While some disciplines and especially those that traditionally use experimental designs, such as the medical sciences, have adopted substantial reforms to abate inferential errors related to the p-value, economists at large do not seem to play a very active part in the debate and the reform efforts. We believe that this is not so much due to economists not recognizing the problems associated with significance testing, but rather due to their not knowing what to do instead as long as no disciplinary consensus has been reached. With a view to the p-value’s deep entrenchment in the current research practice and the apparent need for both guidance and (some degree of) consensus, the objective of this paper is to contribute to the debate by systematically compiling suggestions – none of them new and none of them our own – that jointly seem to represent the most promising set of concrete and immediately actionable steps to reduce inferential errors. 5 Being economists, we focus on suggestions that are relevant for correctly interpreting the results of multiple regression analysis, which is the working horse in econometric research. Being pragmatic, we focus on suggestions that are concerned with the analysis of single-sample data, even though we are aware of the advantages of multiple-study designs, meta-analysis, and Bayesian approaches for making valid inferences.
Contenting ourselves for the time being with compiling small incremental steps must not be understood as opposition towards more substantial change in the future. Quite on the contrary. We hope that our suggestions will help prepare the field for better study designs and inferential tools, and especially more pre-registration, replication, and meta-analytical thinking, i.e. tools that take systematic account of the fact that all estimates (standard errors, p-values, effect sizes) vary over random replications (Gelman 2016) and that our best unbiased estimators only estimate correctly on average (Hirschauer et al. 2018). More immediately, however, we hope that they will serve as a discussion base or even tool kit that is directly helpful, for example, to editors of economics journals who aim at revising their editorial policies and guidelines to increase the quality of published research. In brief, we address the question of how a typical econometric study, which for the time being refrains from Bayesian statistics and continues to use frequentist statistics, should proceed to avoid the inferential errors that are so pervasive at present. It is important to note that some suggestions, such as displaying standard errors, could be criticized as asking for redundant information. Readers of a research paper could in principle compute standard errors when effect sizes and p-values are provided. Mathematical redundancy is not a good argument, however. Instead, the question is how we should present information to avoid cognitive biases and foster the logical consistency of inferential arguments through good intuition.
Our suggestions are best preceded by a quote by Vogt et al. (2014: 242; 244) who note that the classical tools for statistical inference (including p-values) are inherently based on a random process of data generation:
in research not employing random assignment or random sampling, the classical approach to inferential statistics is inappropriate. […] In the case of a random sample, the p-value addresses the following question: ‘If the null hypothesis were true of the population, how likely would we have been to obtain a sample statistic this large or larger in a sample of this size?’ […] In the case of random assignment, the p-value targets the following question: ‘If the null hypothesis were true about the difference between treated and untreated groups, how likely is it that we would have obtained a difference between them this big (or bigger) when studying treatment and comparison groups of this size?’ […] If the experimental and control groups have not been assigned using probability techniques, or if the cases have not been sampled from a population using probability methods, inferential statistics are not applicable. They are routinely applied in inapplicable situations, but an error is no less erroneous for being widespread.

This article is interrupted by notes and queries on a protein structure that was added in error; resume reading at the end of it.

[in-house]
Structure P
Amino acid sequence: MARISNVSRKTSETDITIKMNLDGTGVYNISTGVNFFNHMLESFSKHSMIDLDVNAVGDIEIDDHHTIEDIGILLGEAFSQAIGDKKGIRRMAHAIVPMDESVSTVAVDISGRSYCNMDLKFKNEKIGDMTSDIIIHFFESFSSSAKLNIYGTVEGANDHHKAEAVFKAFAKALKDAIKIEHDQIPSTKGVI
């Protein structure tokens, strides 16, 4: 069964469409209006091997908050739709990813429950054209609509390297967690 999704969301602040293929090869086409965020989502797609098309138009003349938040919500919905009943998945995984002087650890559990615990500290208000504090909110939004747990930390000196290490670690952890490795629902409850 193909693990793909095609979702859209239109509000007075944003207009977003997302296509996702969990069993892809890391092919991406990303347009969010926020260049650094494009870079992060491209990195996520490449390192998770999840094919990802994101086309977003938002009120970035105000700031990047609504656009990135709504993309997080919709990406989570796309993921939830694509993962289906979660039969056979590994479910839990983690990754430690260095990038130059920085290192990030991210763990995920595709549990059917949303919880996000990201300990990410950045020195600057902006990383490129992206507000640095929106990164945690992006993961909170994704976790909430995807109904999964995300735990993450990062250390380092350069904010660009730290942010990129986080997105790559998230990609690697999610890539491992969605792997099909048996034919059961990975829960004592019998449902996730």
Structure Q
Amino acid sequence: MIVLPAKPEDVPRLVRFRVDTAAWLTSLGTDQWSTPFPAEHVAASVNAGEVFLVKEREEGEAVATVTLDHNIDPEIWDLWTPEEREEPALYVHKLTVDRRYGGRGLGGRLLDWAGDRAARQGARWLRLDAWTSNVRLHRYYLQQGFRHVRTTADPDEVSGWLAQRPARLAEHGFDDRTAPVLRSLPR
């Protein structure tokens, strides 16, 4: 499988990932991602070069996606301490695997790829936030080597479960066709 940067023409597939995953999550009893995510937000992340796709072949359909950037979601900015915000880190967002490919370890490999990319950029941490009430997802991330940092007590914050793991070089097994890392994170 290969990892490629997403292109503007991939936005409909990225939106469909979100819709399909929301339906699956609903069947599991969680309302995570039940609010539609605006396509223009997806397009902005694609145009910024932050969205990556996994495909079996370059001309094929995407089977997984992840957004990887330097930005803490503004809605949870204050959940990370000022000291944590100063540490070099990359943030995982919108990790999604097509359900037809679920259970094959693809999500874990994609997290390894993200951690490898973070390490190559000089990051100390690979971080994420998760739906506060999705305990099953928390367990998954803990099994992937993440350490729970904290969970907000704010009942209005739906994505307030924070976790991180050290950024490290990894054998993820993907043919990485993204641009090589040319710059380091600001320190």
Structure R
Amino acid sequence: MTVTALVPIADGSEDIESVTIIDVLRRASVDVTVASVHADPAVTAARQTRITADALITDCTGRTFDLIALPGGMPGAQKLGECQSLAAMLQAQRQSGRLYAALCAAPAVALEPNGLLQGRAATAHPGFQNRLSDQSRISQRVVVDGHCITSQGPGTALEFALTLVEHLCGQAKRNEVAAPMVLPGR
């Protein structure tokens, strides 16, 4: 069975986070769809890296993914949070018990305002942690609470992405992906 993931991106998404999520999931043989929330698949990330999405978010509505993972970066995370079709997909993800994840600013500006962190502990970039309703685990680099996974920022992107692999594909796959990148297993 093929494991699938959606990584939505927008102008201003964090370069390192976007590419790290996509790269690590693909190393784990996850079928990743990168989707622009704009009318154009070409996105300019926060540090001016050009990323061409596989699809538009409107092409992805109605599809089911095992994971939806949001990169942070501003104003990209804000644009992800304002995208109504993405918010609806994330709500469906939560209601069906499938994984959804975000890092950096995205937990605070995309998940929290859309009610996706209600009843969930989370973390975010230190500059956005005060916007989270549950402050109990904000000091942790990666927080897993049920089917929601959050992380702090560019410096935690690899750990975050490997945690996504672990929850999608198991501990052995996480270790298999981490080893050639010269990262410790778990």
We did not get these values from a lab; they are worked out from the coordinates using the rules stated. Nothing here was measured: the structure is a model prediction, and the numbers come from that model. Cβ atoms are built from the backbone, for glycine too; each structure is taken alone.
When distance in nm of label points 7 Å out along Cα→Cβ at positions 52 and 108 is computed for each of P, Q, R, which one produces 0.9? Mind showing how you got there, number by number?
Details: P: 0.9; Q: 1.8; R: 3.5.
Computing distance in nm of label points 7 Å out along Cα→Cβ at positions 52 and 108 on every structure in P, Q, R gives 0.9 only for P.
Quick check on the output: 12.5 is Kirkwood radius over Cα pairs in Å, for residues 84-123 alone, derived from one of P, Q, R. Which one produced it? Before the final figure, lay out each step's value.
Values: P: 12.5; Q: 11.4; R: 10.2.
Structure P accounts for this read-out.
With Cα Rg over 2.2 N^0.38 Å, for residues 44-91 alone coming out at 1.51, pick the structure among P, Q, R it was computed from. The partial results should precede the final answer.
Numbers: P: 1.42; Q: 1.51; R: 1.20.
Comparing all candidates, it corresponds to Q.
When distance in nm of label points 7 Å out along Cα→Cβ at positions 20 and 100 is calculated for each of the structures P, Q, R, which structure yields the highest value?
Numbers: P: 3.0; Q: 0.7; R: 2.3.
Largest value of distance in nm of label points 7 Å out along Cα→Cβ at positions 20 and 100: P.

Fundamental prerequisites for using the p-value
Suggestion 1: Do not use neither p-values nor other inferential tools such as standard errors or confidence intervals if you already have data for the whole population of interest. In this case, no generalization (inference) from the sample to the population is necessary and you can directly describe the population properties. Do not use p-values either if you have a non-random sample that you chose for convenience reasons instead of using probability methods. Being inherently based on probability theory and a random process of data generation, p-values are not interpretable for non-random samples. 6
Suggestion 2: Be clear that the function of the p-value is different depending on whether the data generating process is random sampling or random assignment. In the random sampling case, you are concerned with generalizing from the sample to the population (external validity). In the random assignment case, you are concerned with the internal validity of an experiment in which you randomly assign treatments to subjects. In an experiment, the p-value is a continuous measure of the strength of evidence against the null hypothesis of there being no treatment effect. It is no help for generalizing to a target population when the experimental subjects have not been recruited through random sampling from a defined parent population.